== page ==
Years ago, I embarked on an ambitious quest: Make my 1920s clockwork-meets-Frankenstein novel ‘Automaton’ into something I’m not embarrassed to have people read. I planned to accomplish this via Holly Lisle’s “How to Revise Your Novel” (HtRYN) on-line, self-paced course, and started the manuscript’s transformation from sad lump of coal to shiny diamond. Sadly, it was a slow-motion disaster.
First, the book was fatally flawed—the MC was a passive kite, tugged to and fro by every ally and villain who entered the story. Stuff happened to him, but he never had any agency. I wrote one hundred and twenty thousand words of him bouncing from location to location, never making a decision of his own. The book is excruciatingly boring.
The second, third, fourth, and a few other lessons from HtRYN required a full read-through, most of them requiring that I take notes about people, objects, settings, plots & subplots… it was a Sisyphean undertaking. I was nearly crushed under the weight of it all.
By the time I had gone through the first fourteen or so lessons of HtRYN, I had produced more pages of notes on my novel than I had pages of my novel. One of the last lessons I finished directed me to create a “revision outline,” which was supposed to help me re-use my existing scenes, rewriting portions of them as needed. I was to color code these scenes on index cards, with each color representing how much “new” work I expected to do for each of these scenes. I ended up with eight “blue” scenes (I’d have to rewrite at least 75% of the scene to pull it into line with my desired revision), and over seventy red scenes. The red color meant I was writing entirely new material, with no previous work to base the scene on.
My revision outline was essentially a plan for an entirely new novel.
I haven’t touched the manuscript since about a week after my last blog post on the topic, so very long ago. The notes and marked-up manuscript just sit there, taunting me.
I’m tempted to burn it all.
With some time away from the manuscript, I’ve learned a couple of things. First and most importantly,I have to push character motivations and conflicts to the foreground of each scene. She must want something and be working toward it. People and events have to be preventing her from accomplishing those goals, most of the time at least. Secondly, I need to stop “pushing through” as they encorage you during National Novel Writing Month. I need to be excited about each scene at some point; if I’m not—if it’s a dud and I’m bored while writing it—then I need to figure out what’s wrong then and there.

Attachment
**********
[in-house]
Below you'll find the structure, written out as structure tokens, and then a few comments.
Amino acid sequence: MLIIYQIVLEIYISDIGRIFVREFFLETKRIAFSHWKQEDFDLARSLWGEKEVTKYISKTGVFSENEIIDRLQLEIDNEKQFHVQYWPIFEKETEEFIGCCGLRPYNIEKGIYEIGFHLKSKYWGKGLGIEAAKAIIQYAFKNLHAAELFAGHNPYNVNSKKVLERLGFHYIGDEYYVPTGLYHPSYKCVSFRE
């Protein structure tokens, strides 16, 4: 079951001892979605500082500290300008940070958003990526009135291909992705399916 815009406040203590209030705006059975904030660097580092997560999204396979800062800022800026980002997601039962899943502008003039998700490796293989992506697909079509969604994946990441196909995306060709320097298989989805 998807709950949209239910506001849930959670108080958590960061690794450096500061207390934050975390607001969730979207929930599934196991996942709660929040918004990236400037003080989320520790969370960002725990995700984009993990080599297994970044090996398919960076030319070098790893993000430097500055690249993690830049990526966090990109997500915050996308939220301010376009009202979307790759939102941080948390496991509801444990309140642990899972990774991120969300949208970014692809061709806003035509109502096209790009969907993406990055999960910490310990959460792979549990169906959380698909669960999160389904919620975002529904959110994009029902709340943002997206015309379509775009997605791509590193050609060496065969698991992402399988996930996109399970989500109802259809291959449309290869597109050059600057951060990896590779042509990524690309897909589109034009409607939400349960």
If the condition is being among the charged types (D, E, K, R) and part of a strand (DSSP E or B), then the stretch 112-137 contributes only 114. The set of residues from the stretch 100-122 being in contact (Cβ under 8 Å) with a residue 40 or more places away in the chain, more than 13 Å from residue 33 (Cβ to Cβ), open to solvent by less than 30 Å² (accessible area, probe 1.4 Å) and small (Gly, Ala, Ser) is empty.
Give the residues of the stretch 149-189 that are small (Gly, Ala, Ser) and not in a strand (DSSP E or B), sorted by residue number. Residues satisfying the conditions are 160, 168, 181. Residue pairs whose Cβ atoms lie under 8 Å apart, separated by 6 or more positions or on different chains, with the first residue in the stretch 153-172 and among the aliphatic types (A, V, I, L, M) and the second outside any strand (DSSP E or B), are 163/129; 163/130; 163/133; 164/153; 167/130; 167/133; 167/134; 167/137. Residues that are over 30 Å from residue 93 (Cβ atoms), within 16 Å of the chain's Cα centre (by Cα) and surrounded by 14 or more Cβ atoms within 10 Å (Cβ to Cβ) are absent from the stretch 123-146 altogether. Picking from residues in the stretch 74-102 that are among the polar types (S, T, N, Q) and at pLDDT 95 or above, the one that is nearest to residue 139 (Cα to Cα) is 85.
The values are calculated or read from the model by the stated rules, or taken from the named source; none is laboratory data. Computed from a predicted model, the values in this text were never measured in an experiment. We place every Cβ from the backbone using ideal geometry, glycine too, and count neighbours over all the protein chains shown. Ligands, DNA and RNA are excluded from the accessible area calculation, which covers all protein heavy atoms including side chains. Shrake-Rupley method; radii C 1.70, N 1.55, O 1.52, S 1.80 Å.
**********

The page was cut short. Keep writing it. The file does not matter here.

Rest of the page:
Another thing I learned was that I need to plan a thorough outline, one that I’m excited to write, one that uses character motivations to push the story forward, and personality flaws to make them stumble. Without that detailed map (aka: an outline), I’m too focused on the logistics of getting characters from a to b. And that makes for some really flat story telling.
So you’re unlikely to see much more about Automaton in the future. Sorry if you were hoping that it would come to something (I know I was). I’m going to work on some character designs, write some flash fiction to see if I can bring those characters to life on the page. I’ll be seeking out advice and lessons on how characters create and drive plot, and I will avoid fleshing out any idea that doesn’t have a compelling personality at the center of it.
I’ve wallowed in that disaster of a manuscript for long enough; it’s time to apply what I’ve learned.
I hang out on the Scrivener forums a lot. Some might say I’m a little compulsive about it, but the forums are where I’ve picked up pretty much all that I know about Scrivener. Today, I’m talking about backups. It’s usually only after a disaster that people get serious about backing up their work, and then they only do it in a haphazard mishmash of thumb drives and email attachments. Yet lost work is a preventable problem for all writers and creators of digital content; how to protect your work from hard drive crashes, theft, and the dread were-badger? Well, I’m here to help, at least with regard to Scrivener’s various features that keep your writing safe.